Due to the pandemic shutting down many thrift and antique shops, my search for vintage objects to house and frame my stained glass mosaics was diverted to Ebay. This time, I was looking for vintage brass trays that had the markings of a past life, a history: dents, scratches, tarnish and there marks.
On Ebay, I found an oval brass tray, made in Hong Kong, that had true signs of use. It was deeply tarnished and scratched.
Cleaning the tray was a combination of elbow grease, baking powder and vinegar, a messy but effective cleaning solution. It worked. I wanted the flat base to be clean and function as a mirror; but, also, wanted to leave some of the patina on the rim, acknowledging its’ past history.
In the center of the tray, there is set of Chinese characters which I did not have a clue as to their meaning. I was saved by several people who follow me on Instagram, who graciously informed me that the characters mean Good Fortune.
After, the cleaning of the Good Fortune tray, I began to play with designs and stained glass.
The Good Fortune tray is an integral part of this stained glass mosaic. It is a contemporary piece of art yet retains its’ past history.
I discovered this tray, deeply tarnished and scratched in a local Chicago thrift store. The tray was made by the International Silver Company, a popular manufacturer of silver and silver plated objects from the 1930’s to the 1960’s. The company worked with well known designers and used movie stars such as Judy Garland, Joan Crawford and Carol Lombard to promote its’ products. The company ceased operations in 1983.
The size of the tray and the rim with the flowing scroll intrigued me. Once cleaned, I thought there was a possibility that the tray could frame and be part of a unique stained glass mosaic.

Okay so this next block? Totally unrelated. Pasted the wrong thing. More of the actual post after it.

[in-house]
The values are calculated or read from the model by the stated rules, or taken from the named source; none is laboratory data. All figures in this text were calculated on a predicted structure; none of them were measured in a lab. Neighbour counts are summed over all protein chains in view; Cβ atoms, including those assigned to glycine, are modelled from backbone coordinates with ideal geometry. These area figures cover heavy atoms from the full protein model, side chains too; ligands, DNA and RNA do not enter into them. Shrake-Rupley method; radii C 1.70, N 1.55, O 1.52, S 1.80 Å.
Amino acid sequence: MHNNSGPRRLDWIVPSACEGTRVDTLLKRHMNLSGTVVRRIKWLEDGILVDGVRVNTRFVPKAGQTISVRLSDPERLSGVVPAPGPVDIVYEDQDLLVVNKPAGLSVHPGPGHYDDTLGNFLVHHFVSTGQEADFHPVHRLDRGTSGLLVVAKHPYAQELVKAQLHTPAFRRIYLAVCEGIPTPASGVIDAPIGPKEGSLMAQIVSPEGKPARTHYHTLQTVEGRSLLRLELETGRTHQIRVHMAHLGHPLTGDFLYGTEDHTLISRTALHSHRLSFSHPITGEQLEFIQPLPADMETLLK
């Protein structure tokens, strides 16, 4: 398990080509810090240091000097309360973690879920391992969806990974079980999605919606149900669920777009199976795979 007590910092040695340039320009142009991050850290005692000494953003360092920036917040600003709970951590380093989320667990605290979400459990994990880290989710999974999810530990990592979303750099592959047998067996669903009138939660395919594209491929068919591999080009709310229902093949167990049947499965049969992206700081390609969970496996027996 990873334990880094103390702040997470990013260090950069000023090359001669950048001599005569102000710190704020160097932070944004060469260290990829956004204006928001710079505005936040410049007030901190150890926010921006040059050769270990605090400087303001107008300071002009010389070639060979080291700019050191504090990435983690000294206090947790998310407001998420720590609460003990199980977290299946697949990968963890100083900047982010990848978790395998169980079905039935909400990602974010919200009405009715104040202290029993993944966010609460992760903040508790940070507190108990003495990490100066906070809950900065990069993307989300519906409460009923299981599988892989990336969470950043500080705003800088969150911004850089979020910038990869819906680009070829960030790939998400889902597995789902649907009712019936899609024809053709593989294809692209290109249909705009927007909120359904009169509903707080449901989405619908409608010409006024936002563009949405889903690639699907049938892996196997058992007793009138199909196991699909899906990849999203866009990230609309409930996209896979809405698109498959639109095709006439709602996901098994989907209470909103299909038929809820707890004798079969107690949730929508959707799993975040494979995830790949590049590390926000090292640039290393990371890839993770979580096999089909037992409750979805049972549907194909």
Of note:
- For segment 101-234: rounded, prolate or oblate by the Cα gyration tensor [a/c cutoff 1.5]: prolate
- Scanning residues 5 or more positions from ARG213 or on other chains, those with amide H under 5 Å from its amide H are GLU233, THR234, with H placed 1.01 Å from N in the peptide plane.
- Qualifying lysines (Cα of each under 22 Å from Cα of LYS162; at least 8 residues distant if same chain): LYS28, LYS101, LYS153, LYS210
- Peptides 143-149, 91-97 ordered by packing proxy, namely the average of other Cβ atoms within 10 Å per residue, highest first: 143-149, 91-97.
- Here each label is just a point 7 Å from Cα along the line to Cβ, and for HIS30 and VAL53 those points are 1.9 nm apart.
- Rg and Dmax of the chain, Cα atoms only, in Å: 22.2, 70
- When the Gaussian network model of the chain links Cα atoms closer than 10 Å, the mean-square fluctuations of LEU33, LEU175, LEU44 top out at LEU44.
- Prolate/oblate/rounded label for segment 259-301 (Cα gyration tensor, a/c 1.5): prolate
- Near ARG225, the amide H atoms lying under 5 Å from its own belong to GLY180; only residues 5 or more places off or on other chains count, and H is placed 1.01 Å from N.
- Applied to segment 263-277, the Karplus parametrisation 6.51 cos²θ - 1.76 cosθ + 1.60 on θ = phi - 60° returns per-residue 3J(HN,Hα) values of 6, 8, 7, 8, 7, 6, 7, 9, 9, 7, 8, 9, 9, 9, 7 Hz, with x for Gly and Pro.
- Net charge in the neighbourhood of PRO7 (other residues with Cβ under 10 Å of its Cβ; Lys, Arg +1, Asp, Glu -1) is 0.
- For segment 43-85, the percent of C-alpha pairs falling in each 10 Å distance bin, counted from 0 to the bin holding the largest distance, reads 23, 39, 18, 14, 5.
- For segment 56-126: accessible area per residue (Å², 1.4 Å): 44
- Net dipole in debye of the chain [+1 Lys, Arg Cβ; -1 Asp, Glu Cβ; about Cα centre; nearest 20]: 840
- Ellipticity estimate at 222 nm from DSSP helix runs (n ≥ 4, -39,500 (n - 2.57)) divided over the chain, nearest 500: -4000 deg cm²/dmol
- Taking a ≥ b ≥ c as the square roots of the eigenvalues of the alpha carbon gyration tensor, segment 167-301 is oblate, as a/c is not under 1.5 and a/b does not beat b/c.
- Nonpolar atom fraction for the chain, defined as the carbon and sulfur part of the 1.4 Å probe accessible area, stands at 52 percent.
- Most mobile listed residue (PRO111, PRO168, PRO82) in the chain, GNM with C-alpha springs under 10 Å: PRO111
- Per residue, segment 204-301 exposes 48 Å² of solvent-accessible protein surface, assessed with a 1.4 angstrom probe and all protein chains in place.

After the tray was cleaned, the change in appearance was dramatic, a nice surprise. An ugly duckling transforming into a graceful and beautiful swan. The wide floral engraving that emerged after cleaning adds another dimension to the mosaic.
The next steps, after the cleaning of the tray, was the design and selection of the glass for the mosaic.
The Rochelle name for the mosaic comes from the marking on the back of the tray.
Some of my stained glass mosaics are set in vintage, silver plated trays. The heyday for silver plated trays in the United States was from 1850 to 1940. Now, many of these trays, once popular, sit discarded in thrift shops. They served a purpose in an earlier time. Although the trays show age and usage, they have character and a history.
A distinguishing part of that history is the manufacturer’s mark, etched on the back of the tray. Today, many of the manufacturers who designed and made the silver plated trays are no longer in business. But their mark still exists
The mark on the back of this silver plated, serving tray identifies the maker of the tray as the Glastonbury Silver Company, Chicago. The company, no longer in business, was active from 1920 to 1950. Mark is shown below.
The mark on the back of this tray identifies the Gorham Manufacturing, a well-known name in silver and silver plating, was responsible for making the tray. The Gorham company was founded in 1831 in Rhode Island and later in the 1960’s was sold to Textron.